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Can a sailboat outrun angst? It's a good time to find out

2009 June 9
I saw an ad in the New York Times placed by the motorcycle maker Harley-Davidson and it made me think of one of the worst weeks of my business life and one of the best weeks of my sailing life.

The ad was a two-page spread featuring bold capital letters on the blue and red stripes of a stylized American flag. It was Harley's response to a Times business story that reported motorcycle sales were slumping because in the fraught economy "few are in a mood to shell out up to $20,000 or more for what is essentially a big toy."

The ad's defiant message started with, "You can file our obit where the sun don't shine," and ended with what is now Harley's corporate motto: "Screw it. Let's ride."

It got me thinking about the times I've said, "Screw it. Let's sail."

During the bad week mentioned above I was besieged by tax auditors. Not IRS agents, but state revenue men, a pair so zealous they made their federal brethren, at least the ones I've had the (ahem) pleasure of working with, seem like generous and sensitive public servants.

The state auditors put me through the wringer slowly. For days they questioned everything and, it seemed, believed nothing, and then it was Friday, the day the First Mate and I and our two young children were to leave, bright and early, for a weeklong cruise on our C&C 33.

The kids had their duffel bags packed and were as excited as children always are when an adventure is in the offing. The boat was provisioned. The weather was perfect. And I was in the office undergoing another session of financial waterboarding.

It got worse. Toward the end of the day my torturers informed me they would be back on Monday and I could look forward to their company for another week. That was when I phoned the First Mate and said, "Screw it. Let's sail."

All right, I didn't use the biker term literally. But what I said had exactly the same meaning: "To hell with this. We're going sailing."

Having fairly keen survival skills even back then, I didn't say "screw it" to the tax men either. I simply informed them I had an important matter to attend to and would be out of the office the following week. They would have to make other plans.

The sun was poised for a gaudy descent into the western treeline when we left the dock. Soon it was dusk and the sea breeze was giving way to the soft, warm shore wind that would carry through the night. The kids crawled into their sleeping bags early and never stirred. The First Mate slipped into the quarterberth for a couple of off-watch snoozes. But I was too stimulated by the perfection of the night to be interested in sleeping.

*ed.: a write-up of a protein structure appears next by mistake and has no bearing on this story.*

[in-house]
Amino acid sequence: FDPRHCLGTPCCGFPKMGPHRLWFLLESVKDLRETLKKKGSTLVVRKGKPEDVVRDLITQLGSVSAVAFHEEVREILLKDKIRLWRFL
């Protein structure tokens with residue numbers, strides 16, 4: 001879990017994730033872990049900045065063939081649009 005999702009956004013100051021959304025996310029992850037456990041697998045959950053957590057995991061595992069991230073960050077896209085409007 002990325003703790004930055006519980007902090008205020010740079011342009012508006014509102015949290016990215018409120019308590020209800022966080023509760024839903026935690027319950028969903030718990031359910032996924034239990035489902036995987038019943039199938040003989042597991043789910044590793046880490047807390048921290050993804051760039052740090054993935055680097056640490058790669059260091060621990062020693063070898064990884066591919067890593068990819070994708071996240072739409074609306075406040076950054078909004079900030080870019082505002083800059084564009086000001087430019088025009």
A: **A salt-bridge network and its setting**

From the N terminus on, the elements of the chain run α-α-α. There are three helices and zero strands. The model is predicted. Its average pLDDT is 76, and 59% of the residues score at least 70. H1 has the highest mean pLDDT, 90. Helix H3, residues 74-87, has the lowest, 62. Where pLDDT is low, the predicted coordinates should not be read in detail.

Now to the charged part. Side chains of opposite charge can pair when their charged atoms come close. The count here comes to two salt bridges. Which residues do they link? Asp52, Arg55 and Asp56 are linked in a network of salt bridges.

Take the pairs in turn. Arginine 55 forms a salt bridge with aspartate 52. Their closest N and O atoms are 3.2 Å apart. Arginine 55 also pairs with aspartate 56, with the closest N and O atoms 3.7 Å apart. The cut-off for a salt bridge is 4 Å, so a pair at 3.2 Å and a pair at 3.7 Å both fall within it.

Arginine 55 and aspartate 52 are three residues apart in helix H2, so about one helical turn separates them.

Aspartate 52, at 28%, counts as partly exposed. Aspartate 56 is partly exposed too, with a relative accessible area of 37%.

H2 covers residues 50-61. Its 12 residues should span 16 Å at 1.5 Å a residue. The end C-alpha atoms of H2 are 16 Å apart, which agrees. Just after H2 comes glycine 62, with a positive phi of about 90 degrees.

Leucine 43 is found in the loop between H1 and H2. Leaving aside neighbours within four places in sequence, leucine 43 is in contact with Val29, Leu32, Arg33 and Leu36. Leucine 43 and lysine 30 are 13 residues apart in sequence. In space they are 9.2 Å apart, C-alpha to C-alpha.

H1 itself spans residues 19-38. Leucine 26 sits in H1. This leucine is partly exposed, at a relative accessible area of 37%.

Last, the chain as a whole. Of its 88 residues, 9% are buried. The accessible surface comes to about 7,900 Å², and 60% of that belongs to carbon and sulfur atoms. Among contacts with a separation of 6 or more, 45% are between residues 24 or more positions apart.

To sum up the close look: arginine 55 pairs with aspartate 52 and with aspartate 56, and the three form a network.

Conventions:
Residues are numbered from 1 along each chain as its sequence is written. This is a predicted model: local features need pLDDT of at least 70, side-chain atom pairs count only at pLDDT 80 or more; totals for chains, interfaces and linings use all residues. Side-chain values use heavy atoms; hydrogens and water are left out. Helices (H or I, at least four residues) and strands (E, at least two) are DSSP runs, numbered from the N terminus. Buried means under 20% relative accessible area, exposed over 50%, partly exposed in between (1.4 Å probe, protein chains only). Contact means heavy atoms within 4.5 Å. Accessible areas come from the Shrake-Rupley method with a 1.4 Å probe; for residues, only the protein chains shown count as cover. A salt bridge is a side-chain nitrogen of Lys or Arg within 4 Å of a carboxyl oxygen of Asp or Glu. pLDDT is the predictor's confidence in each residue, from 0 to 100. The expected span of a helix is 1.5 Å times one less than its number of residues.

Boats under sail are never quite silent, but the small sounds they make in gentle conditions somehow magnify an unearthly quiet. The murmur of disturbed water from the bow, a muted bubbling beneath the transom and the squeak of a misbehaving block on the mainsail traveler were but whispers in the universe. Even the wind seemed to come on tiptoes, virtually calm on deck but insistent enough aloft to heel the boat to a comfortable angle as it glided past the distant shore at 5 or 6 knots.

With an infinity of stars to steer by, my eyes could roam the black and white canopy overhead without the distraction of the lighted compass. Our course was essentially north, so Polaris was a handy reference, though a dim pinprick among a cluster of more brilliant but anonymous stars.

The seafaring novelist Patrick O'Brian wrote, in reference to the financial tribulations his lead character, Capt. Jack Aubrey, had left on shore, that "no ship could outrun care." Well, that night, and for the following week, our little ship Freelance did indeed outrun care as I sailed away from worry about the tax sharks on land.

The good vibes I brought home with me might even have affected the revenue agents. Or maybe it was just my improved attitude. Anyway, they seemed less inclined to inflict pain and wrapped up their work in a couple of days. I've forgotten the details of the modest bill they left for some tax-paying oversights, but I remember clearly how a little sailing made everything better.
It seems to me that putting into action the sailing version of the bikers' motto is right for these times. The collapse of the economy, after all, has played out with all of the angst of an endless tax audit. What better time to outrun care by going sailing?

The Harley-Davidson ad tried to say something like that in motorcycle speak, declaring that the response to "times like these" should be to "seize the throttle and give it a fearless twist forward." In other words, have fun with those expensive toys. And, by the way, please buy more of them.
Sailors can relate to that. Sure, our toys are expensive, but right now they're looking like pretty good investments. They've held their value better than the stock market, and they pay dividends-dividends in enjoyment, in escape from doubt and pessimism. Times like these are times to go sailing.

I wish Harley well. It's hurting, but it's a well-run company that has given us a true American icon. Its headquarters are located a scant 35 minutes from SAILING's headquarters (less if you're aboard a Harley Fatboy and you give the throttle a really fearless twist). The proximity means its products are ubiquitous around here in summer. Because part of the enjoyment of Harley riding is measured in decibels, many of us non-riders get to share the aural part of the experience a bit more than we'd like to.

No problem. I know how to escape the racket of those detonating Harley exhaust pipes. I just say, "Screw it. Let's sail."